Whether you’re scrolling through TikTok or seeing your favorite influencers’ posts on social media, you may have (knowingly or unknowingly) come across the viral fox-eye trend.
The latest makeup fad involves using eyeliner, concealer, false lashes and other cosmetics to emulate the elongated look of almond-shaped eyes – one that resembles, you guessed it, a fox.
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The look is fairly easy to achieve. Legacy makeup brand Maybelline’s tutorial explains how to do it in only six steps, and Gigi Hadid’s makeup artist Erin Parsons showcased the look in a four minute Instagram video.
Eyeliner is often used to elongate the outer and inner corners of the eyes, while concealer can minimize the eyebrow’s arch to create a straight-brow look. A popular trademark of the fox-eye trend, however, is its pose. Wearers of the new fad have been showcasing their completed makeup by pulling back the corner of their eyes.
Unlike the winged eyeliner trend, which has been around for years, the straighter tip of the fox-eye helps to achieve a more slanted and almond-shaped look, while a curved wing rounds up the eye to make it appear larger.
So what’s the problem? Some users on Twitter argue that the latest makeup trend is racially insensitive to Asians, as the “slanted eye” look that is now lauded on white women was once the source of discrimination towards Asians.
One Twitter user claims that the fox-eye trend is “just white people colonizing Asian eyes,” while another added that “racism towards Asians is so normalized.”
“I showed my mom one of those ‘fox eye trend pics where they’re pulling their eyes all slanted and she was like ‘yeah didn’t they do that to you in school,’ ” Twitter user Sofie Halili wrote.
USA TODAY consulted with four Asian-American cosmetic experts to explore the racial connotations of the fox-eye look.
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‘When I was young, I got teased’ for shape of eyes
Like many Asian Americans who have criticized the trend, Dr. Agnes Ju Chang, a board certified medical and cosmetic dermatologist, finds the look “offensive” to the Asian-American community, who have historically been mocked for the shape of their eyes.
“I have been a subject of racial slurs associated with the shape of my eyes,” says Chang, who is Korean-American. “The slanted gesture associated with this makeup trend is … very insensitive.”
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Erwin Gomez, a Filipino celebrity makeup artist based in Washington, D.C., is happy to see people abandoning the white beauty standards and shifting to appreciate other eye shapes. Replicating this trend on his clients reminds him that “some think it’s beautiful to have ‘slanted’ eyes.'”
“It’s an expression of appreciation. I am honored if my clients wanted more slanted eyes, because when I was young, I got teased,” he explains. “I was teased for having bigger lips too, and look, now everyone wants big lips!”
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Ta Ming Chen, a Taiwanese fashion and beauty makeup artist based in New York City, believes the fox-eye trend has more to do with looking “sexy and mysterious” than “looking Asian.”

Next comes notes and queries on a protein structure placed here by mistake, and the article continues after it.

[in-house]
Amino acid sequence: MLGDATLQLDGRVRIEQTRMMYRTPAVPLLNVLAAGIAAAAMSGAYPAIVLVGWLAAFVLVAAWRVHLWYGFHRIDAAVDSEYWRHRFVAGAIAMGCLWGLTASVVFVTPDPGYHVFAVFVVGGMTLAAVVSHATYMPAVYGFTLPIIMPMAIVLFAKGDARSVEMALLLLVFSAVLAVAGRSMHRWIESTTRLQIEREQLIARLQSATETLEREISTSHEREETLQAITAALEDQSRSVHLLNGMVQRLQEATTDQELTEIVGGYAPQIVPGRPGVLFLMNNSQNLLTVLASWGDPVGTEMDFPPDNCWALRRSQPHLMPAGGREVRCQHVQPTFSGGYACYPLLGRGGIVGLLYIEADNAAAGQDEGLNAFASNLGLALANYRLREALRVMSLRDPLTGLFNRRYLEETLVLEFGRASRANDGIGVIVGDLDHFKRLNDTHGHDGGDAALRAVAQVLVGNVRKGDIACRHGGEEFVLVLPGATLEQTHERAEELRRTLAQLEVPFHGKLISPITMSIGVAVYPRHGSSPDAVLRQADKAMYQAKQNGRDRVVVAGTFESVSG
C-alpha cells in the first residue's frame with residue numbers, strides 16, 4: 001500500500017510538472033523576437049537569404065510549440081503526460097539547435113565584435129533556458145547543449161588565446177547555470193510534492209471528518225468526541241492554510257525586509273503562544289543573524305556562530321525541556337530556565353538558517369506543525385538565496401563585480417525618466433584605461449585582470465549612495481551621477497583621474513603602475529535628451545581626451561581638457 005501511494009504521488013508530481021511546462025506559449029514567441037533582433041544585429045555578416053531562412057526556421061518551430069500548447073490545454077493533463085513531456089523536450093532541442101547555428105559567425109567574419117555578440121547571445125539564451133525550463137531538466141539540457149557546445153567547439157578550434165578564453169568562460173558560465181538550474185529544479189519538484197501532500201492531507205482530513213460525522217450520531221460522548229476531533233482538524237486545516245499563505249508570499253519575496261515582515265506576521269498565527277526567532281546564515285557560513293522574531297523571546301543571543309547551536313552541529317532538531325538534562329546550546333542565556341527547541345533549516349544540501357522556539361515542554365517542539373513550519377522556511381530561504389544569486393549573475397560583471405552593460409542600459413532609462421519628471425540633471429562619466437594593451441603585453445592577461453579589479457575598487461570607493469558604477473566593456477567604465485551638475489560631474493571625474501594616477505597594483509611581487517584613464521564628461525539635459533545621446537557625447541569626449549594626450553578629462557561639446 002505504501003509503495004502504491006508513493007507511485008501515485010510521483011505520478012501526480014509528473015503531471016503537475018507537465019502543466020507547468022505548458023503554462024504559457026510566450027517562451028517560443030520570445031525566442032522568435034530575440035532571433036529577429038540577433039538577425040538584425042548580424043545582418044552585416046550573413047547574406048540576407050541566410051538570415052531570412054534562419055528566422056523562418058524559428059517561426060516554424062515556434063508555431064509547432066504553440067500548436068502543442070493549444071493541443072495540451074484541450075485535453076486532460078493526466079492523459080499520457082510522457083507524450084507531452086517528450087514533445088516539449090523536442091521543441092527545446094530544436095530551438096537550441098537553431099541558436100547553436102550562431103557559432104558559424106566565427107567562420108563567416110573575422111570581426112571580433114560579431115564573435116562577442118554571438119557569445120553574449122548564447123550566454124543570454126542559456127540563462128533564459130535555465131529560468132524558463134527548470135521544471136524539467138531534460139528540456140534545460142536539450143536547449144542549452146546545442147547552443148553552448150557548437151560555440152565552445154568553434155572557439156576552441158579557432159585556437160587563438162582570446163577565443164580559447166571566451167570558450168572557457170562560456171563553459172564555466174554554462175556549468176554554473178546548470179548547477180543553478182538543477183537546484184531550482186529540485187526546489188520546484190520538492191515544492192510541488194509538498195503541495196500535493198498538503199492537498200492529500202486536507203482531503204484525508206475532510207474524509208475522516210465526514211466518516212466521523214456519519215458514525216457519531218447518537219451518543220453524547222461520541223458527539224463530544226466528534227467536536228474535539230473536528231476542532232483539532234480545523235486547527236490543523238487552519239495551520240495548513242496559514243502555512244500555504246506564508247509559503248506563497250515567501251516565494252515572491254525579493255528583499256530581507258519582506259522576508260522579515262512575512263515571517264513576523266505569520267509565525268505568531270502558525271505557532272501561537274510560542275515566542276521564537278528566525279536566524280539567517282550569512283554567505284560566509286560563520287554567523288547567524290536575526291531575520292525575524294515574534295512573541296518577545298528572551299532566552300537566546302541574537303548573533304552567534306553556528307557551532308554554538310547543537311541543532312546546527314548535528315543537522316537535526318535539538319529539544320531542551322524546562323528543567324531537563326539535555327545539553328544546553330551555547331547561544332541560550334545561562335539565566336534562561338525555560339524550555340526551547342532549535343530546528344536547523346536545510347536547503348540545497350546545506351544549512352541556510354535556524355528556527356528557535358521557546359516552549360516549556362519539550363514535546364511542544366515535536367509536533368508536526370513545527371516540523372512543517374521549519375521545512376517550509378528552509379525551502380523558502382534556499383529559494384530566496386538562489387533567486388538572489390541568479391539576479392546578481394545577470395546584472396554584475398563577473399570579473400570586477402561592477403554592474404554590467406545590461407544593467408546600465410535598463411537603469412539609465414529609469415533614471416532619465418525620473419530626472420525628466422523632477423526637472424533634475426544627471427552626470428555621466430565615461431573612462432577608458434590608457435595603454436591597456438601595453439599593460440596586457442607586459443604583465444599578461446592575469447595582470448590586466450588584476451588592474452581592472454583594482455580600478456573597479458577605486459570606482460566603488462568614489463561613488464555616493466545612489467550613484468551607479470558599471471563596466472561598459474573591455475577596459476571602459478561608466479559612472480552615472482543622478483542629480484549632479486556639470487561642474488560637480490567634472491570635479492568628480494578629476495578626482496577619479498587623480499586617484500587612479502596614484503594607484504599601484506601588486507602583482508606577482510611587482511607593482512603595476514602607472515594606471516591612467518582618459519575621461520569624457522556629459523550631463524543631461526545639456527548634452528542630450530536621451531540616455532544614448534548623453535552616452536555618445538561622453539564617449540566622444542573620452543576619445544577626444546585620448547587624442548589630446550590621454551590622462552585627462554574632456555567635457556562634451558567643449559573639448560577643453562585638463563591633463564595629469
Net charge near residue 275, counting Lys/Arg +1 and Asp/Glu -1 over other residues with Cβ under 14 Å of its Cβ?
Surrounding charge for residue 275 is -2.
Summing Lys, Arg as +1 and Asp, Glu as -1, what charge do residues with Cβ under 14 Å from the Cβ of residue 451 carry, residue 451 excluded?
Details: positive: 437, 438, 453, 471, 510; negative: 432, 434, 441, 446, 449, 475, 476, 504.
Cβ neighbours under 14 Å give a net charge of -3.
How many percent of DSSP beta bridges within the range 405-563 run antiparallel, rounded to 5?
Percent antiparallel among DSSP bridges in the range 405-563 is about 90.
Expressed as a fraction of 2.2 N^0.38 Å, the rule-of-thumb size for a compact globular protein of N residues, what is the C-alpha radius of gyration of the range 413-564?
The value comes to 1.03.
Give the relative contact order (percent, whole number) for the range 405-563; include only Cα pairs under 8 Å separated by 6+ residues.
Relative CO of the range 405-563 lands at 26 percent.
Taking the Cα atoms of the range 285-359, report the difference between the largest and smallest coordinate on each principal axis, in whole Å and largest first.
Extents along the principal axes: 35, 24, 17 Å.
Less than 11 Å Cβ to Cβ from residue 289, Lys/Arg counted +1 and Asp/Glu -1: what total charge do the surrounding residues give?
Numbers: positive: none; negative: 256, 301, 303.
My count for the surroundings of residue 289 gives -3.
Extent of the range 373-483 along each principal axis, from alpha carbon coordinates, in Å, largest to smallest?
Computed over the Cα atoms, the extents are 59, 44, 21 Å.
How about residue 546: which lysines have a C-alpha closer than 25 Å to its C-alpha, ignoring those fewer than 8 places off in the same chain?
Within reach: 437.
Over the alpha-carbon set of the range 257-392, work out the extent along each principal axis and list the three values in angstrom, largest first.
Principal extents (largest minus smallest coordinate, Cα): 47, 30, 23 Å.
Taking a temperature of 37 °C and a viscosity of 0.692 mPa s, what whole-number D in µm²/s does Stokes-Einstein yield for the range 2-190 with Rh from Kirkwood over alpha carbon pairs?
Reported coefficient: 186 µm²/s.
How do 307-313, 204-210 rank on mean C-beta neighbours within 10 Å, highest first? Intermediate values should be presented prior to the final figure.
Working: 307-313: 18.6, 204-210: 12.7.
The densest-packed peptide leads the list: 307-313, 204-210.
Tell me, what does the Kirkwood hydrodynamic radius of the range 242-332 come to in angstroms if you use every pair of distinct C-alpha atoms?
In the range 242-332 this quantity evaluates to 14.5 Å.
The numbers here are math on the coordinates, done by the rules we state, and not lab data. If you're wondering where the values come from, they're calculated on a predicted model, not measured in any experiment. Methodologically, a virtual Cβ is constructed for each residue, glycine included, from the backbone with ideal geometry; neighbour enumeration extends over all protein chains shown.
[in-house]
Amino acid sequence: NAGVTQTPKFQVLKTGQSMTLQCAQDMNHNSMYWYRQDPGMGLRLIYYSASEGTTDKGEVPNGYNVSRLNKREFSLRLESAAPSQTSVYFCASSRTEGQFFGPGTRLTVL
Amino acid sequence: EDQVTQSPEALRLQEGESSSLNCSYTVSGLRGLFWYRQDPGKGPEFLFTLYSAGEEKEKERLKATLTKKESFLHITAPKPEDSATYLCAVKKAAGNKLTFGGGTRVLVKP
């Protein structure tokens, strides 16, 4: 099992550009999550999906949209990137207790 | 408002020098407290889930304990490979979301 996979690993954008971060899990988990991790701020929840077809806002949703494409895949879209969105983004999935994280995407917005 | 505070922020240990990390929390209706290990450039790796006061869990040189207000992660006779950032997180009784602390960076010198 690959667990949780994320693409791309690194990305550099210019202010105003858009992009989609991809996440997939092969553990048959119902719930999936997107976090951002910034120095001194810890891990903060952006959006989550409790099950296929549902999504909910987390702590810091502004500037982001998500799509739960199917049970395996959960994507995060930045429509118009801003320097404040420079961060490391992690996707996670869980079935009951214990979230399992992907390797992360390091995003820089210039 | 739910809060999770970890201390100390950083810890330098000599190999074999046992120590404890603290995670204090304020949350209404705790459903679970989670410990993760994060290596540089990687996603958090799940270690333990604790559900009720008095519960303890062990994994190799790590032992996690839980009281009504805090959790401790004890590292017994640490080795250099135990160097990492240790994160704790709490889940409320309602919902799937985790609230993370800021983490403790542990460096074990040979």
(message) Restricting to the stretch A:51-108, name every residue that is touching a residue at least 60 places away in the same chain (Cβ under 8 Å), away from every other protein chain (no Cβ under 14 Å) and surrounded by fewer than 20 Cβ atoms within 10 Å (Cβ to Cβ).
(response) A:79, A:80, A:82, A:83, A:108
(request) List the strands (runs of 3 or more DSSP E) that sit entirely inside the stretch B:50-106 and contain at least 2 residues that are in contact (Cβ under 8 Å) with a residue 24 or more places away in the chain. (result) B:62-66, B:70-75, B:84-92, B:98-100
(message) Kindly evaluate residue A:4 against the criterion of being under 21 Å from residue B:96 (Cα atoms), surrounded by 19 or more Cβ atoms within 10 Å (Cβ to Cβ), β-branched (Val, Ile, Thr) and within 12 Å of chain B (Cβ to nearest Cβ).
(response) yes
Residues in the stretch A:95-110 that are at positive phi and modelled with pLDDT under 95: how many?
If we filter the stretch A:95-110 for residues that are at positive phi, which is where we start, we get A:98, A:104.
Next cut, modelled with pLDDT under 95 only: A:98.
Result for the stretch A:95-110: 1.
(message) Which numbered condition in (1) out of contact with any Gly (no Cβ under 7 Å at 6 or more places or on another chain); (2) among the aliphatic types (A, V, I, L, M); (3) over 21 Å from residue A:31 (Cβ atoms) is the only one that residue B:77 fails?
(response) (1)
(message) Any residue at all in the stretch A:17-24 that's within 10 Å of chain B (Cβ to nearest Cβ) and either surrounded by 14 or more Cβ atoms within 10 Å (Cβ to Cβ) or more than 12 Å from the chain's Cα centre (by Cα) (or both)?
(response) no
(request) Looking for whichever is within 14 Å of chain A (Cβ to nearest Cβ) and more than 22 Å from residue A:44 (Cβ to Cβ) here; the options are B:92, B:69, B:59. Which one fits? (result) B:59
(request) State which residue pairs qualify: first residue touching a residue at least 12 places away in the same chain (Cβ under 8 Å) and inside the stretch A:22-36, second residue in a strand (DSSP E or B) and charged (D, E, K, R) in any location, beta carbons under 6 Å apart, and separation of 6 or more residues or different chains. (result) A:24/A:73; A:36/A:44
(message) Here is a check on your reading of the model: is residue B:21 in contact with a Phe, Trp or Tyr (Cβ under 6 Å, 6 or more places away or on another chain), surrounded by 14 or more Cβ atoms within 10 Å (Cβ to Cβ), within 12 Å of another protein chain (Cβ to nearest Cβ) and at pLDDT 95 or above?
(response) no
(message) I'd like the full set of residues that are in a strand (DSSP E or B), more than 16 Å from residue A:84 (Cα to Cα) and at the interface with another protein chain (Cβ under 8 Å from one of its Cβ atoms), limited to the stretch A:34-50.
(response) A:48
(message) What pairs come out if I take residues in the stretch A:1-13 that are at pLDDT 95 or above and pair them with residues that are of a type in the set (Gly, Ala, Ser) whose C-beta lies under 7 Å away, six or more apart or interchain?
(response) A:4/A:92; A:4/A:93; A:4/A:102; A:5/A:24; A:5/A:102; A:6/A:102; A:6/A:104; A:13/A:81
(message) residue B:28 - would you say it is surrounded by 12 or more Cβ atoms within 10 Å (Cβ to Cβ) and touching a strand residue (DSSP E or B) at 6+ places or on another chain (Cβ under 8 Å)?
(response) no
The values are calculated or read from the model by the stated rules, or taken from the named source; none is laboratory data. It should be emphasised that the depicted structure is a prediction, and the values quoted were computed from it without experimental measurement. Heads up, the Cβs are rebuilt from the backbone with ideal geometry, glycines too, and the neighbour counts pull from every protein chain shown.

“Asians have many different facial structures and features, like different types of eyes, even though our eyes may be smaller and more angular than white people,” she explains. “Some Asians have more foxy type of eyes. Myself personally, I don’t have that kind of eye.”
What about the controversial fox-eye pose?
Many critics of the latest makeup trend have condemned the accompanying pose of pulling one’s eyes back in order to create a more elongated look. After all, it’s a common gesture made to bully Asians for their eye shape.
As an Asian-American makeup artist who is Chinese, Japanese and white, Marc Reagan, admits he initially perceived the isolated makeup technique to be “an exaggerated variation of the wing-tip liner,” but seeing the popularized trend with its pose “stepped over the line into cultural appropriation.”
“There is a huge difference between using makeup to create a shape or enhance a feature and a person tugging on their eyes to mimic a natural physical feature attributed to a particular race,” he says. “Once that gesture uses a stereotype and is mimicked by those who are not from the same ethnic origin, that results in an insensitive form of appropriation.”
Chang adds that while users of the trend may not have racist intentions, it “does not change the fact that Asian-Americans in this country have been subjects of this type of racial mocking.”
However, some Asian-American makeup experts are not offended. Gomez believes the pose helps to showcase “how good the eyeliner looks.”
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‘Take a moment to think about your actions’
Some of the cosmetic experts consider the fox-eye trend a form of cultural appropriation, while others celebrate the recognition of Asian beauty. With that being said, if someone expresses offense, listen to them.
“Take a moment to think about your actions and exercise your awareness of how your actions may be perceived,” Reagan advises non-Asian users of the fox-eye look, especially as Asian-Americans face discrimination amid the coronavirus pandemic.
“Even when the intent is not to offend, disregarding the perspective of others and their emotional triggers that stem from cultural discrimination creates a divide.”
Will the fox-eye trend last? Chang doesn’t think it’s here to stay, but has some beauty advice: “Long lasting beauty is about achieving the best version of yourself.”
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